Littleton


Pearl, Miss., West Paducah, Ky., Jonesboro, Ark., Springfield, Ore.,

Fayetteville, Tenn., Edinboro, Pa., and last week–Littleton, Colo. Seven school shootings

in less than two years.

And after the avalanche of tragic images and endless CNN expert

commentaries, what have we learned about the seeds of this horrific violence?

Our health professionals offer no easy answers, only a litany of

problems: easy access to guns, violent pop media, permissive parenting, absentee

parenting, ignorance of warning signs, inability to talk about feelings, lack of adult

supervision.

But something is missing here. The very glaring reality of all the

recent mass shootings at schools is that they were committed by boys–to be specific,

white boys.

Genes and biology, of course, do not make boys perpetrate heinous

acts of violence. So what is it about our American culture that pushes and pressures boys

toward a breaking point where mass slaughter becomes acceptable?

There is much truth in the old saying, "violence is as American

as apple pie." From the nation’s genocidal westward expansion to the Nato bombings in

Yugoslavia, the USA has touted the glories of violent aggression. Our competitive

socio-economic structures also encourage aggressive, competitive behavior in every realm

of social interaction. And in this generally aggressive value system, boys and men,

compared to women and girls, have long been rewarded for being "extra"

aggressive.

However, in the last three decades, with working hours getting

longer and family and community ties continuing to erode, the aggressiveness of white boys

seems to be taking on a new lethal twist. Missing adult and parental authority, many young

people turn to peers, music, movies, tv and video games for values, support, and role

models. And those feeling particularly abandoned and victimized seem susceptible to

violence.

Some aggressive and troubled youth learn how violence works through

physical and emotional abuse in the home. Others learn from media violence (mainly aimed

at boys) that shows a simple and successful strategy for gaining power. The common thread

is that kids who kill feel abused and mistreated.

But with boys, there is also the issue of "being a man."

Mistreatment to most boys is a slight to manhood. And for many, the expression of fear,

pain, loneliness, or vulnerability of any kind is an act of humiliation. In short, some

thirty years after the emergence of the modern women’s movement, most boys still have a

hard time expressing any emotions except anger. And unfortunately, this means that

redemption of the male ego comes through aggression and violence.

An old problem for sure. But in the recent wave of school shootings

there is something new. The unhinged boys committing cold-blooded mass murder all seem to

fit the same profile. In the vernacular of schoolyard trash talk, these guys are

"losers" and "geeks." They are not tough or popular or athletic. They

are boys who are not very good at being boys.

Ostracized, picked-on, and ridiculed (mostly by other boys), they

tend to be loners. Some connect with other lost "outsider" kids. There is often

obsessive interest in death and dark themed movies and music. There is talk of murder and

suicide. Sometimes there is racism and misogyny and overtones of fascism. All in all, an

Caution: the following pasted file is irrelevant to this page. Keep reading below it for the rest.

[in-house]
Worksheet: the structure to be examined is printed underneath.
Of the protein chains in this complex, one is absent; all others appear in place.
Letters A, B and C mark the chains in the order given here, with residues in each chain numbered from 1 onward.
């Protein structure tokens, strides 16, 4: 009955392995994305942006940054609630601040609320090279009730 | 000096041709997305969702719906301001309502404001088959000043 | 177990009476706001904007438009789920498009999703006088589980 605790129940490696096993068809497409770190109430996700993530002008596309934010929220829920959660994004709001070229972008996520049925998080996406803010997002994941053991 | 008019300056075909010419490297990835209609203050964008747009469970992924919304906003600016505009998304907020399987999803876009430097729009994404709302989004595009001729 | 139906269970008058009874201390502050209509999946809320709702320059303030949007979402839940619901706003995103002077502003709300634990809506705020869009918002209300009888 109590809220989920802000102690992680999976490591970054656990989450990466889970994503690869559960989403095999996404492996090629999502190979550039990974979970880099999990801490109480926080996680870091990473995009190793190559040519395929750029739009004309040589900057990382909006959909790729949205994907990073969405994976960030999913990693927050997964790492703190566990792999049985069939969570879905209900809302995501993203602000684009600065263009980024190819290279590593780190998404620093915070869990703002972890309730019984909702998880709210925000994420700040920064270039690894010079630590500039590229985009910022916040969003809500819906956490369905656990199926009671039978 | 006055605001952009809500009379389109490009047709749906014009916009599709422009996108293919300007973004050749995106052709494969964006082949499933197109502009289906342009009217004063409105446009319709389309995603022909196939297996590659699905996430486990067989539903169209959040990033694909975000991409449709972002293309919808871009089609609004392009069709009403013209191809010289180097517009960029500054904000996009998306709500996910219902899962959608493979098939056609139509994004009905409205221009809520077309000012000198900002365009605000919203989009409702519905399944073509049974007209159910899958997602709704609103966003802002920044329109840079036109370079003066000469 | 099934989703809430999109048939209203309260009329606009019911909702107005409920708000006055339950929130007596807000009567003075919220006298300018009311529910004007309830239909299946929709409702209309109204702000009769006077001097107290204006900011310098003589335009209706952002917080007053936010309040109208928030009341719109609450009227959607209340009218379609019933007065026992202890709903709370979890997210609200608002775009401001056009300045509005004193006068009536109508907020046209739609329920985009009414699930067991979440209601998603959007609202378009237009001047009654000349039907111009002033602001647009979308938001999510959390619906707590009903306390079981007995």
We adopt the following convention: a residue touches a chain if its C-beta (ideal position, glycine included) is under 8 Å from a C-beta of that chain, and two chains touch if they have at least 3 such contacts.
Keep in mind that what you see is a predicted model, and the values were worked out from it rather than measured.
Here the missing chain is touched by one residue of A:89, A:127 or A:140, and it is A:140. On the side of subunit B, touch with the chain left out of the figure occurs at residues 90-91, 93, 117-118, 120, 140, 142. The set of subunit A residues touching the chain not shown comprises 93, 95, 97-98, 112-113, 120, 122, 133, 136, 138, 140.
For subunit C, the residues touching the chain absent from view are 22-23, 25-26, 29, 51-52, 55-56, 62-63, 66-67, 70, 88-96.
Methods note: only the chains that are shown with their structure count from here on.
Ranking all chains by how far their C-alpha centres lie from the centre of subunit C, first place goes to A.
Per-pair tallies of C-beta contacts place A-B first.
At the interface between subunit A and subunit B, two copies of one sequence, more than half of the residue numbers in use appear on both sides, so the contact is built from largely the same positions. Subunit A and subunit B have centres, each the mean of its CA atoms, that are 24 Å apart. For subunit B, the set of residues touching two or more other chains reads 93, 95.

identity expressing anger, hurt, and the desire to get even.

Obviously these boys, kids like Eric Harris and Dylan Klebold, are

damaged goods. Their personalities are mangled and confused in ways that make it

impossible for them to pass through the normal socialization rites of their gender. Still,

they are not aberrations. The scary backdrop to the Littleton school shootings is that our

culture seems to be producing more and more disturbed, aggressive boys.

Though statistics can only hint at the depth of the problem, recent

surveys by the U.S. Department of Health and Human Services should be alarming. According

to government estimates, 1 in 5 children and adolescents have serious behavioral and

emotional problems and roughly two-thirds of these kids are not getting any kind of help.

Not all of these kids, of course, are committing mass murder. But

statistics on youth violence indicate a disturbing level of everyday aggression. The

Children’s Defense Fund reports that 11 American children under the age of 20 are murdered

each day. And daily, across the nation, another 18 kids are arrested for violent crime.

In the aftermath of the Littleton shootings, such statistics are

being used in arguments to push the criminal justice system to get tough on youth crime.

School officials around the country are talking about new security measures: metal

detectors, surveillance cameras, on-campus security officers, and student psychological

profiles. And once again, the debate about gun control and easy access firepower.

But the roots of youth violence remain largely ignored. To begin

with, the problem is not "kids" or "children." What we should be

talking about is the fact that virtually all violent crime in our society is committed by

males. Does this tell us something about our parenting, schools, communities, workplaces

and mass media? If we put any stock in the notion that it takes an entire village to raise

a child, then we might begin to realize that there is something desperately wrong about

the way our culture raises boys.

However, even now when the images of screaming kids and horrified

parents is fresh in our eyes, few seem interested in focusing on the "normalcy"

of male violence. So the lines between victims and victimizers continue to blur. And you

can bet, the worst is yet to come.

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